Commenced in January 2007
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Edition: International
Paper Count: 8

Search results for: pyrochlore

8 Influence of Substitution on Structure of Tin Lantanium Pyrochlore La₂₋ₓSrₓSn₂O₇₋δ(0 ≤ x ≤ 0.25) Solid-Oxide Fuel Cells

Authors: Bounar Nedjemeddine


Materials with the pyrochlore lattice structure have attracted much recent attention due to their wide applications in ceramic thermal barrier coatings, high-permittivity dielectrics, and potential solid electrolytes in solid-oxide fuel cells. The work described in this paper is devoted to the synthesis and characterization of a pyrochlore structure based on lanthanum (La₂O₃) and tin (SnO₂) oxides of general formula La₂Sn₂O₇, substituted by Sr at the site La. Their structures were determined from X-ray powder diffraction using CELFER analysis. All the compositions present the space group Fd-3m. The substitution of La by Sr in the La₂Sn₂O₇ compound causes a variation of the cell parameters. The difference in charge between La³⁺ and Sr²⁺ and the difference in size cause the cell parameters to decrease from a=10.7165 A° to a=10.6848 A° for the substitution rates (x = 0.05, 0.1, 0.15 ...), which leads to a decrease in the volume of the mesh. For a substitution rate x = 0.25, there is an increase in the cell parameters (a=10.7035A°), which can be explained by a competitiveness of the size effect and the presence of a gap in the structure which go in the opposite direction.

Keywords: solid-oxide fuel cells, structure, pyrochlore, X-ray diffraction

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7 Photoluminescence Properties of Lu1.98Er0.02Ti2O7 Pyrochlore (A2B2O7) Phosphor

Authors: Esra Öztürk, Erkul Karacaoglu


Pyrochlores, having compounds of the general formula, A2B2O7 (A and B are metals/rare earths) are important class of materials thanks to having technological applications like in luminescence, ionic conductivity, nuclear waste immobilization etc. The rare earths included pyrochlore compounds have also potential photoluminescence characteristics. In this context, Er3+-activated Lu2Ti2O7 pyrochlore was chosen and synthesized through a high-temperature solid-state reaction route that was sintered under the open atmosphere in this study. The optimal reaction conditions to obtain expected single phase system, the thermal analysis (DTA/TG) were carried out. The X-ray powder diffraction (XRD) was used to determine phase properties of the sample. The photoluminescence (PL) results were done to obtain excitation, emission and decay time properties by a PL spectrometer under room temperature. According to the PL, there are excitation bands at 352 nm, 388 nm, 423 nm and 453 nm that are due to 4I15/2 → 2G7/2, 4I15/2 → 4G11/2 and 4I15/2 → 4F5/2 transitions of Er3+ ions, respectively. The emission bands are placed at 582 nm, 677 nm and 762 nm that are associated with 2H11/2, 4S3/2 → 4I15/2, 4F9/2 → 4I15/2, 4I9/2 → 4I15/2 transitions of Er3+ ions, respectively.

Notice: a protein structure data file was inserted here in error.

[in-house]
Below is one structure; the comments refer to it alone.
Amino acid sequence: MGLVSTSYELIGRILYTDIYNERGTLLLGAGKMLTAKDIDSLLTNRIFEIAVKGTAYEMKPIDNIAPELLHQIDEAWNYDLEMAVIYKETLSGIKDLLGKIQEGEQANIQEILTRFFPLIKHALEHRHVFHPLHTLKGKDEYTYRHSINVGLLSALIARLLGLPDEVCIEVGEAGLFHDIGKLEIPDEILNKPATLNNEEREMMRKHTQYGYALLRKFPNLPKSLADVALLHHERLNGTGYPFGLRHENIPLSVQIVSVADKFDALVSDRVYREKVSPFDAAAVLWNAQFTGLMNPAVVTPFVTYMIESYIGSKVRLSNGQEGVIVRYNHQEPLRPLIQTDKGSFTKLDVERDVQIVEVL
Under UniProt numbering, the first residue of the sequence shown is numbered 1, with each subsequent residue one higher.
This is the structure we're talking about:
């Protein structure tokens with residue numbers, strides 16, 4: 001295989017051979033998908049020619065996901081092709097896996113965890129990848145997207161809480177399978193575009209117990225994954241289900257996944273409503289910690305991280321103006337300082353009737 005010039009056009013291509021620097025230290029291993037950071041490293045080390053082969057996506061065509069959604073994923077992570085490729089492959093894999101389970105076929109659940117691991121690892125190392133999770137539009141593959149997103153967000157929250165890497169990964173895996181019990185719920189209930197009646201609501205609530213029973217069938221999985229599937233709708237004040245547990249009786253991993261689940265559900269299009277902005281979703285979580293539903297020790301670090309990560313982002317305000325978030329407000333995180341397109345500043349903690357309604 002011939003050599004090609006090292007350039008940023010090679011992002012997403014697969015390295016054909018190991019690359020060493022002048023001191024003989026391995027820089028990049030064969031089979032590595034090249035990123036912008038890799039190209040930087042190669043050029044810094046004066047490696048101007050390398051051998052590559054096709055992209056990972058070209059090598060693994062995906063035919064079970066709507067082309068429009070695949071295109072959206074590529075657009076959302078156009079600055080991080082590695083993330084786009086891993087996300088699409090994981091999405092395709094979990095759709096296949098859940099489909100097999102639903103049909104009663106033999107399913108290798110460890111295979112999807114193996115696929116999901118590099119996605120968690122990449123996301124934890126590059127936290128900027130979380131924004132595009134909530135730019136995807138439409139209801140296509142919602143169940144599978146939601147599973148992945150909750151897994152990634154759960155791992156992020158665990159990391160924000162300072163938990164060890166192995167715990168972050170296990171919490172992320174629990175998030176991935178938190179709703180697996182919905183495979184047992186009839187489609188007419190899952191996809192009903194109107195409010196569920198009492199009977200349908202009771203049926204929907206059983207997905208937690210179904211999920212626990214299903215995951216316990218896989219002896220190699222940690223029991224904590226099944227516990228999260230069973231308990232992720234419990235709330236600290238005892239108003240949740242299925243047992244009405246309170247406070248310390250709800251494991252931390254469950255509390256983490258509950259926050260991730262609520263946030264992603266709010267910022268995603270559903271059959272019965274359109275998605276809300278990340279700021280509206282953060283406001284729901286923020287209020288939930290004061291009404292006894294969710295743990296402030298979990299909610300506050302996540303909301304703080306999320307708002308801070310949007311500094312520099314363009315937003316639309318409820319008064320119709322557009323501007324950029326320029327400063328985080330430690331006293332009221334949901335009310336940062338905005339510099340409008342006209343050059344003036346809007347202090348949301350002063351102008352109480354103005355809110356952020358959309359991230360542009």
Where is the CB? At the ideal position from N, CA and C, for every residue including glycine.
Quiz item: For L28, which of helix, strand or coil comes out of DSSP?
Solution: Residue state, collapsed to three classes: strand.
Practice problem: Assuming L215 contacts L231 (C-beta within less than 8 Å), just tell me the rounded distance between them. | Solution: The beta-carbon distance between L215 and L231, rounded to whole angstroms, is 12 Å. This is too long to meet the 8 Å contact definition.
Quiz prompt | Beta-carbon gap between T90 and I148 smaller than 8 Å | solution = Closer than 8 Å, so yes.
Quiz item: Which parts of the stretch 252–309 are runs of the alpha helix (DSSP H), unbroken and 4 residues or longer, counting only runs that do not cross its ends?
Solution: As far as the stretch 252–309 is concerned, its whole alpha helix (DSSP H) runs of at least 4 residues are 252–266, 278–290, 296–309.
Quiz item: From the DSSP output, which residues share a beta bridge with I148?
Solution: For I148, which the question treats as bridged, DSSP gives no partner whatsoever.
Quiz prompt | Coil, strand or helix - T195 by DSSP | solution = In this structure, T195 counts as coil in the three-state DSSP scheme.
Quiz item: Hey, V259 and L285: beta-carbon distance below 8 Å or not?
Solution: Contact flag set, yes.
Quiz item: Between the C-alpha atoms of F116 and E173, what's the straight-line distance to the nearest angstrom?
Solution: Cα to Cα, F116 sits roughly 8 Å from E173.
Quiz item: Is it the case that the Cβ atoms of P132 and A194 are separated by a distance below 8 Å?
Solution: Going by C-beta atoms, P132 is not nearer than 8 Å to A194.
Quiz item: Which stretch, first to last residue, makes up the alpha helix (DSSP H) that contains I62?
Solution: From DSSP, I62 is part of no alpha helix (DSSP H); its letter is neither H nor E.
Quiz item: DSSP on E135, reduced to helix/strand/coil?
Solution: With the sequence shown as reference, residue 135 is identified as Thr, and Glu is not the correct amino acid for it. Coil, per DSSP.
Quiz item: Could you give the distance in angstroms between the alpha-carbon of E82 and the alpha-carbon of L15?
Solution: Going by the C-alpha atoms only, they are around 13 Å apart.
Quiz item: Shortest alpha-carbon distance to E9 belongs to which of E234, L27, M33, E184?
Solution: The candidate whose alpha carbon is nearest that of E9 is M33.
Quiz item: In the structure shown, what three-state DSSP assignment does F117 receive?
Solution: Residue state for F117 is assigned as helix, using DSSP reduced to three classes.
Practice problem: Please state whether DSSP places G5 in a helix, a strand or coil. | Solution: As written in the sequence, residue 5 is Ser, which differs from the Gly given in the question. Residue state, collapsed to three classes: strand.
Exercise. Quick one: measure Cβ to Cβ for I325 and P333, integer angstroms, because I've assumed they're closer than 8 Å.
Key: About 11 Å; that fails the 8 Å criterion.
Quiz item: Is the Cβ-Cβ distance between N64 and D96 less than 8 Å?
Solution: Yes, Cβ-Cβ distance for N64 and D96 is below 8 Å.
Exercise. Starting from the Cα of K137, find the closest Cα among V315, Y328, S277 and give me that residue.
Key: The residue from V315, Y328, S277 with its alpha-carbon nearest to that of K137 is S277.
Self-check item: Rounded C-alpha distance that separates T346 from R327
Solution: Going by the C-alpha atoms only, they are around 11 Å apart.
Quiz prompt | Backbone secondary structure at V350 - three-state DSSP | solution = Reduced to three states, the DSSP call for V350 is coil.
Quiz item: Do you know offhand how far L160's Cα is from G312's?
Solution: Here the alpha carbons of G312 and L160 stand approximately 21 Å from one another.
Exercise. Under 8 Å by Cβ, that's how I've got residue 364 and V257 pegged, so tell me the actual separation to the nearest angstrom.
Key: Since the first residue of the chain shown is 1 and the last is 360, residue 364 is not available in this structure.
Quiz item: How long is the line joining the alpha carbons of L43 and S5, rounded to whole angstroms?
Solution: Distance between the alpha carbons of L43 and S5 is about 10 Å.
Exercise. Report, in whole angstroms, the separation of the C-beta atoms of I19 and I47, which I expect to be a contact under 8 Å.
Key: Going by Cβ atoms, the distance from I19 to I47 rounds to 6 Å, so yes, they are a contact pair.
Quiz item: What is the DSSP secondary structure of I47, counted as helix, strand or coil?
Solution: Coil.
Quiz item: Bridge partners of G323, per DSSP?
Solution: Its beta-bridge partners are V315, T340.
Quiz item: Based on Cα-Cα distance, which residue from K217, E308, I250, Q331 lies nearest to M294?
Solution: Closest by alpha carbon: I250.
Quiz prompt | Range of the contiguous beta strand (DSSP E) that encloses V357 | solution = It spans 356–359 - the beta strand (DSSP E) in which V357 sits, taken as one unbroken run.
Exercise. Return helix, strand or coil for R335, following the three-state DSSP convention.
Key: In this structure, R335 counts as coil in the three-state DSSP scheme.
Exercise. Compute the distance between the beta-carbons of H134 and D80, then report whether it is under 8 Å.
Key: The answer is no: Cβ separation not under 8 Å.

Keywords: Er3+, Lu2Ti2O7, photoluminescence, pyrochlore, rare-earths

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6 Optical Properties of Nanocrystalline Europium-Yttrium Titanate EuYTi2O7

Authors: J. Mrazek, R. Skala, S. Bysakh, Ivan Kasik


Lanthanide-doped yttrium titanium oxides, which crystallize in a pyrochlore structure with general formula (RExY1-x)2Ti2O7 (RE=rare earth element), have been extensively investigated in recent years for their interesting physical and chemical properties. Despite that the pure pyrochlore structure does not present luminescence ability, the presence of yttrium ions in the pyrochlore structure significantly improves the luminescence properties of the RE. Moreover, the luminescence properties of pyrochlores strongly depend on the size of formed nanocrystals. In this contribution, we present a versatile sol-gel synthesis of nanocrystalline EuYTi2O7pyrochlore. The nanocrystalline powders and thin films were prepared by the condensation of titanium(IV)butoxide with europium(III) chloride followed by the calcination. The introduced method leads to the formation of the highly-homogenous nanocrystalline EuYTi2O7 with tailored grain size ranging from 20 nm to 200 nm. The morphology and the structure of the formed nanocrystals are linked to the luminescence properties of Eu3+ ions incorporated into the pyrochlore lattice. The results of XRD and HRTEM analysis show that the Eu3+ and Y3+ ions are regularly distributed inside the lattice. The lifetime of Eu3+ ions in calcinated powders is regularly decreasing from 140 us to 68 us and the refractive index of prepared thin films regularly increases from 2.0 to 2.45 according to the calcination temperature. The shape of the luminescence spectra and the decrease of the lifetime correspond with the crystallinity of prepared powders. The results present fundamental information about the effect of the size of the nanocrystals to their luminescence properties. The promising application of prepared nanocrystals in the field of lasers and planar optical amplifiers is widely discussed in the contribution.

Keywords: europium, luminescence, nanocrystals, sol-gel

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5 Complete Enumeration Approach for Calculation of Residual Entropy for Diluted Spin Ice

Authors: Yuriy A. Shevchenko, Konstantin V. Nefedev